Egypt speeds up maritime border negotiations, making way for offshore discoveries
Egypt is speeding up negotiations with neighboring countries to finalize the demarcation of borders in the Mediterranean, which holds huge natural gas reserves compared to the Red Sea.
The country has initiated talks with Greece to draw the maritime border, according to local sources. Egypt and Cyprus are also expected to sign the official border agreement in the next few weeks. In addition, the country plans to intensify seismic activities in the Red Sea following the agreement with Saudi Arabia.
In early June, Egypt’s Minister of Petroleum and Mineral Resources Tarek El-Molla said the Ganoub El Wadi Petroleum Holding Co. agreed with five international oil companies six months ago to conduct a $750 million seismic survey in the Red Sea to prepare reports on the reserves of oil and gas in the territorial waters after the demarcation of the border with Saudi Arabia.
Meanwhile, the country unveiled plans to boost gas production to meet the soaring local consumption and expects to reach breakeven in terms of production by 2018, El-Molla said.
The minister said Egypt plans to produce 6.2 Bcf/d of gas in 2018 as it aims to focus on more costly deepwater gas exploration, offering new terms to incentivize companies. This comes as the country works to regain its energy exporter status, having lost it in recent years due to declining production and higher consumption.
Over the last few years, the country’s dry natural gas production declined by 5%; however, substantial natural gas discoveries in the Mediterranean Sea and in other areas have been undeveloped because the price the government was willing to pay foreign operators for the gas was too low, making some projects commercially unviable.
El-Molla said Egypt was committed to repaying the US$3.5 billion it owes in arrears to foreign oil companies, but a foreign currency shortage has made drawing down debts more difficult.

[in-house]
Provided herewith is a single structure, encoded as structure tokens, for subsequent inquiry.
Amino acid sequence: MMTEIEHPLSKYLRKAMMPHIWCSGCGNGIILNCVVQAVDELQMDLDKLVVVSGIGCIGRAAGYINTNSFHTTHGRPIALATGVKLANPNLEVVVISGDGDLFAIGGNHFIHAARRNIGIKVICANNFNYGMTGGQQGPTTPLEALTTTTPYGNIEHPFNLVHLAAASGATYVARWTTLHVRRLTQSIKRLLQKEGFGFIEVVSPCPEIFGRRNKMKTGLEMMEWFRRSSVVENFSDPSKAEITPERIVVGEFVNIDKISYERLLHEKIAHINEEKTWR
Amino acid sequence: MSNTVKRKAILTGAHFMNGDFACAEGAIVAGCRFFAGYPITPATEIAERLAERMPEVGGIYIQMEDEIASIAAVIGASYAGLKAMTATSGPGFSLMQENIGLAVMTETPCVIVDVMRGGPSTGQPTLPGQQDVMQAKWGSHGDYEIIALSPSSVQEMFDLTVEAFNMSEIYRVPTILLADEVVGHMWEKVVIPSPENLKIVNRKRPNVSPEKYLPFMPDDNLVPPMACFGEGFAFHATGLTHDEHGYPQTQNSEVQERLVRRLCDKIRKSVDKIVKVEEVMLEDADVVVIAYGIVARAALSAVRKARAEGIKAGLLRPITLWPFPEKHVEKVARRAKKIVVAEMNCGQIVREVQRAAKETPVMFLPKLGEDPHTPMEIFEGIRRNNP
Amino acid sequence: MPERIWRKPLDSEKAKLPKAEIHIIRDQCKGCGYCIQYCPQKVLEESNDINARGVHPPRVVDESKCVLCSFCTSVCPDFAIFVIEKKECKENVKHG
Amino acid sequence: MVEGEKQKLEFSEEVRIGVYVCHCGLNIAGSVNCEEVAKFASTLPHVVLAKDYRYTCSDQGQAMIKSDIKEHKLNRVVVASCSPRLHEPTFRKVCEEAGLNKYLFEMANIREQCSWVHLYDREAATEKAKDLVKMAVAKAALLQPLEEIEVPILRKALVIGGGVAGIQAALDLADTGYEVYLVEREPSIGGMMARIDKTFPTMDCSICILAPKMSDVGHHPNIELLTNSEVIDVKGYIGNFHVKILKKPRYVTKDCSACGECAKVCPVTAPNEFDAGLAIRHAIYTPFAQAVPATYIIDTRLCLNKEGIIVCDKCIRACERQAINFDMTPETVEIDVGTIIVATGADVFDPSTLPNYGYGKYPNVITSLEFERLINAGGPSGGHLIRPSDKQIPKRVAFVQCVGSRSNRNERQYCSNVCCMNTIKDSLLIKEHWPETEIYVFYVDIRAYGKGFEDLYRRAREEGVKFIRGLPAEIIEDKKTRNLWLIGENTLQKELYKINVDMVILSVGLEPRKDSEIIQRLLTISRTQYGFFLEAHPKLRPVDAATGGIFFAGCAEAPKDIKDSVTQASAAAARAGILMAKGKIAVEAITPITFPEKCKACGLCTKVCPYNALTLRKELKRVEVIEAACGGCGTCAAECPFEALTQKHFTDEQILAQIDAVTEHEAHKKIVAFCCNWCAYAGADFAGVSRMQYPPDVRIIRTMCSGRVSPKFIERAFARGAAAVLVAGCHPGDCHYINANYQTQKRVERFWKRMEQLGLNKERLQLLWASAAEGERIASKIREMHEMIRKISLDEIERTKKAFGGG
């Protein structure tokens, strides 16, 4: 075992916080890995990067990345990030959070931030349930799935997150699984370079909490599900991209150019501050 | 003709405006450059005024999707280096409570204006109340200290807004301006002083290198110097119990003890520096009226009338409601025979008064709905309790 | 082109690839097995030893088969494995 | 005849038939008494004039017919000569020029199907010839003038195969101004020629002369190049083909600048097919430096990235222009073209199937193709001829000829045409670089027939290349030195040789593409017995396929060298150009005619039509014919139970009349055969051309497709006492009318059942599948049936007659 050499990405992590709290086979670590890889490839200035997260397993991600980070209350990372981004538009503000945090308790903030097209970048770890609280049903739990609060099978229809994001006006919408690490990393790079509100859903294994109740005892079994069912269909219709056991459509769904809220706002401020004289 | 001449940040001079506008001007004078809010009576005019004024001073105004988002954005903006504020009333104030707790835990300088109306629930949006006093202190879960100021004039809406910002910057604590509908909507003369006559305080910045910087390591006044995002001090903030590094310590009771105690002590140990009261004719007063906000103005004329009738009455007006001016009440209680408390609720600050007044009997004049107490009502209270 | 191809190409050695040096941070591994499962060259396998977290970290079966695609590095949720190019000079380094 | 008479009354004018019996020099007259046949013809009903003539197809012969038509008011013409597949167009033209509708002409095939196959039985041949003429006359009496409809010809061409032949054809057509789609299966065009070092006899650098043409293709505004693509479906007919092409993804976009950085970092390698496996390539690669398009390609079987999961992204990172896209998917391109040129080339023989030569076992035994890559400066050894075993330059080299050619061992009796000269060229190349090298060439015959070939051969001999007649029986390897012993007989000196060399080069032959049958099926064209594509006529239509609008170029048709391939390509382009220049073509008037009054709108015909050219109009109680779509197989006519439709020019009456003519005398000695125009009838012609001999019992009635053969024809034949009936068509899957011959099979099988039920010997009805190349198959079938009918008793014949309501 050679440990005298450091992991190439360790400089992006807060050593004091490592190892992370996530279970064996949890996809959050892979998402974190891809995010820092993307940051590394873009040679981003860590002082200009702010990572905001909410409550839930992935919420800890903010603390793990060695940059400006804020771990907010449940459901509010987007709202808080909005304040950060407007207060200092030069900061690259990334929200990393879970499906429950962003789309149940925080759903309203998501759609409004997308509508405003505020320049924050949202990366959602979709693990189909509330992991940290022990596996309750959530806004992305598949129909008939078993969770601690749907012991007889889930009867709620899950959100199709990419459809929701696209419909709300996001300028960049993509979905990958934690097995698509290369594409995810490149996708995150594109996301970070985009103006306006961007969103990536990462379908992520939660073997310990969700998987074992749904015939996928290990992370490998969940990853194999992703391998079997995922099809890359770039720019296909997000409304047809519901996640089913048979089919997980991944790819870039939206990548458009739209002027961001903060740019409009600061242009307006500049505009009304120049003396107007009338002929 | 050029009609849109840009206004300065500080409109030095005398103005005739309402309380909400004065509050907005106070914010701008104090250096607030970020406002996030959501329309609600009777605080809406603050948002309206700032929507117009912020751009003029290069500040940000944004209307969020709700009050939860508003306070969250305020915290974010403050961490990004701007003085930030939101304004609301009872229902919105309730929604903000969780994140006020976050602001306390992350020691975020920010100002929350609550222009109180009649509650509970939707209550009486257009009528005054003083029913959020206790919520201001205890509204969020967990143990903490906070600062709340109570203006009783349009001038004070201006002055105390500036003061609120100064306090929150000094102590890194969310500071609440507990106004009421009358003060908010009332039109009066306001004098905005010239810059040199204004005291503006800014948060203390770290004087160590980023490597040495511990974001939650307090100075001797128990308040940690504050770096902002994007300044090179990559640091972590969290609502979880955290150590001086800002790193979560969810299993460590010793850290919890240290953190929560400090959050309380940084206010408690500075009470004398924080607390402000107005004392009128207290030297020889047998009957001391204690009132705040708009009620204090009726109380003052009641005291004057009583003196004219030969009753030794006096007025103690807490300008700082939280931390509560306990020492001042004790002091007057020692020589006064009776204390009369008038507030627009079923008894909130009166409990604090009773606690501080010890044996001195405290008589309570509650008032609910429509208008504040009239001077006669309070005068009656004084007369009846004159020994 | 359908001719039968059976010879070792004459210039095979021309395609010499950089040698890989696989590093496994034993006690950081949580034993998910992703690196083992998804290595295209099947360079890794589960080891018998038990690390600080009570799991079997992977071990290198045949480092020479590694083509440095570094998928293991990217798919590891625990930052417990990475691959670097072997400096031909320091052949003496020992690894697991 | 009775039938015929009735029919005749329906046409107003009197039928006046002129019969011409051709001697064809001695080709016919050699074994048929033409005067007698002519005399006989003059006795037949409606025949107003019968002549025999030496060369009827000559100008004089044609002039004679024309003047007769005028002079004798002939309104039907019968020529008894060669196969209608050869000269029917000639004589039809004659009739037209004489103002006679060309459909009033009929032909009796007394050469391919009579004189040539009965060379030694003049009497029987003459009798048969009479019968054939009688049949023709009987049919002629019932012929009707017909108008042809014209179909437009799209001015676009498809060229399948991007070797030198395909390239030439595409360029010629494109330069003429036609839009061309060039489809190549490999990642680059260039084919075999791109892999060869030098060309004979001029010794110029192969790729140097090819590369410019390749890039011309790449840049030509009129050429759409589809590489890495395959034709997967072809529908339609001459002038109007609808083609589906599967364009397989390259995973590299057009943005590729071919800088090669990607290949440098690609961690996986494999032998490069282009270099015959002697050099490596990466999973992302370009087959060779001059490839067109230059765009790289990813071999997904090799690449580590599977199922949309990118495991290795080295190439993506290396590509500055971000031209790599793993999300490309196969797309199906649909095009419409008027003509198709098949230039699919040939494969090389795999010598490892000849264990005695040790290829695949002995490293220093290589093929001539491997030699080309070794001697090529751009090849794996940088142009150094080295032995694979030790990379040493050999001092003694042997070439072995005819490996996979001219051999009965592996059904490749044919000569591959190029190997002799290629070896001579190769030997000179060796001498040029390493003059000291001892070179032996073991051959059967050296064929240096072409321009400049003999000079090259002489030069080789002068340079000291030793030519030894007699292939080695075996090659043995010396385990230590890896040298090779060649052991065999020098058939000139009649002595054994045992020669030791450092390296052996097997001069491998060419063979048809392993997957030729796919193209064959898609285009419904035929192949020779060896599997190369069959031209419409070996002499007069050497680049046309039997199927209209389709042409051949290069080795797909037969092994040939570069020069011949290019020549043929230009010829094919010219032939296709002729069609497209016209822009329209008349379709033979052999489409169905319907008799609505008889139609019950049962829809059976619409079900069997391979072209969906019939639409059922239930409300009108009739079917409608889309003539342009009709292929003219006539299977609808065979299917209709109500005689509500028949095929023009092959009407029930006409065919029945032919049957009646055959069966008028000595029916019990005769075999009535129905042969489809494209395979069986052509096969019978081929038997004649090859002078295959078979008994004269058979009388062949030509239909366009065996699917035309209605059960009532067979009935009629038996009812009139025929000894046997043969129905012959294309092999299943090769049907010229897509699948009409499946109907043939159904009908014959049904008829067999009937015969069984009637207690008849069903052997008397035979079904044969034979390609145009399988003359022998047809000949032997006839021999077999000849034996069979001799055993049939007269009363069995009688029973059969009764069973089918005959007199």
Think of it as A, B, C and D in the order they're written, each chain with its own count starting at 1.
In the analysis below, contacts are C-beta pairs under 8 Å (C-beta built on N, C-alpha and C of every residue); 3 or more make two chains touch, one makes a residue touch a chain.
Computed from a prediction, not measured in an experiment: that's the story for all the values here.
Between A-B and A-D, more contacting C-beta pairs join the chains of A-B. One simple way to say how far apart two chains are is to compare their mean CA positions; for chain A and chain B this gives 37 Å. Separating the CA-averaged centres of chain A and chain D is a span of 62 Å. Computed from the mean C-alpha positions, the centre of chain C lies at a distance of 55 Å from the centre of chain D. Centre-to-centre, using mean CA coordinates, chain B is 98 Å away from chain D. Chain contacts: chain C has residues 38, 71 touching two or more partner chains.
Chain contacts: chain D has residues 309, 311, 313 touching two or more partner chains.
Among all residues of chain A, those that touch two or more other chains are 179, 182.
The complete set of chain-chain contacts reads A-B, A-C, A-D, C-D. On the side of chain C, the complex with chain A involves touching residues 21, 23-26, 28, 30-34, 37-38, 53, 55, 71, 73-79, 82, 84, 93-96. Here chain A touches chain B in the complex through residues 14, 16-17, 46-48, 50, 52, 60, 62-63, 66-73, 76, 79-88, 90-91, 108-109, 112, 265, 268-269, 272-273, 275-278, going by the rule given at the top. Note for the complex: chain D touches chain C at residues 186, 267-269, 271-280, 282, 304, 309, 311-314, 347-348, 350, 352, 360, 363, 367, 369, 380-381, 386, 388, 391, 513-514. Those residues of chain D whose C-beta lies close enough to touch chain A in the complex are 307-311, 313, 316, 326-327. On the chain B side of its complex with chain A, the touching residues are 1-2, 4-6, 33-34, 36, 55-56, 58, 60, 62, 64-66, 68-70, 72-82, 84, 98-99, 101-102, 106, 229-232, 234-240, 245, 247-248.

El-Molla said the production increase will come mainly from the Zohr, Nooros and Atoll fields.
The focus of this push is the offshore Shorouk Concession, which contains the massive Zohr gas field—the largest natural gas field ever discovered in the Mediterranean with an estimated 30 Tcf of gas according to Italian energy firm Eni.
Eni, which initially owned 100% of the interest in the concession, has sold a 30% interest in the Shorouk Concession to Russia’s Rosneft and 10% interest to BP with an option to purchase an additional 5%. The approval process for development of the field was completed in February, and first gas is expected by year-end 2017.
The first phase of the project is set to cost a third of the total $12 billion for the first three years.
Another field targeted for production growth is Nooros, which is located offshore the Nile Delta. The reservoir was discovered in July 2015 and production started in September of the same year. In early May, production from the Nooros Field exceeded 1 Bcf/d of gas.
Meanwhile, the Atoll Field was discovered by BP in March 2015 by drilling the Atoll-1 deepwater exploration discovery well. The field will be developed in two phases by BP, which has a 100% equity in the discovery, and is expected to start production in 2018.
The field is estimated to contain about 1.5 Tcf of natural gas and 31 MMbbl of condensates. Production from two BP fields in the West Nile Delta development, Taurus and Libra, started eight months ahead of schedule.
Its North Alexandria gas fields are set to boost output as well. BP expects to increase its gas production in Egypt and achieve 2.5 Bcf/d of production by 2020, which represents about 50% of the country’s current gas production.
(Source: Hart Energy / E&P Magazine)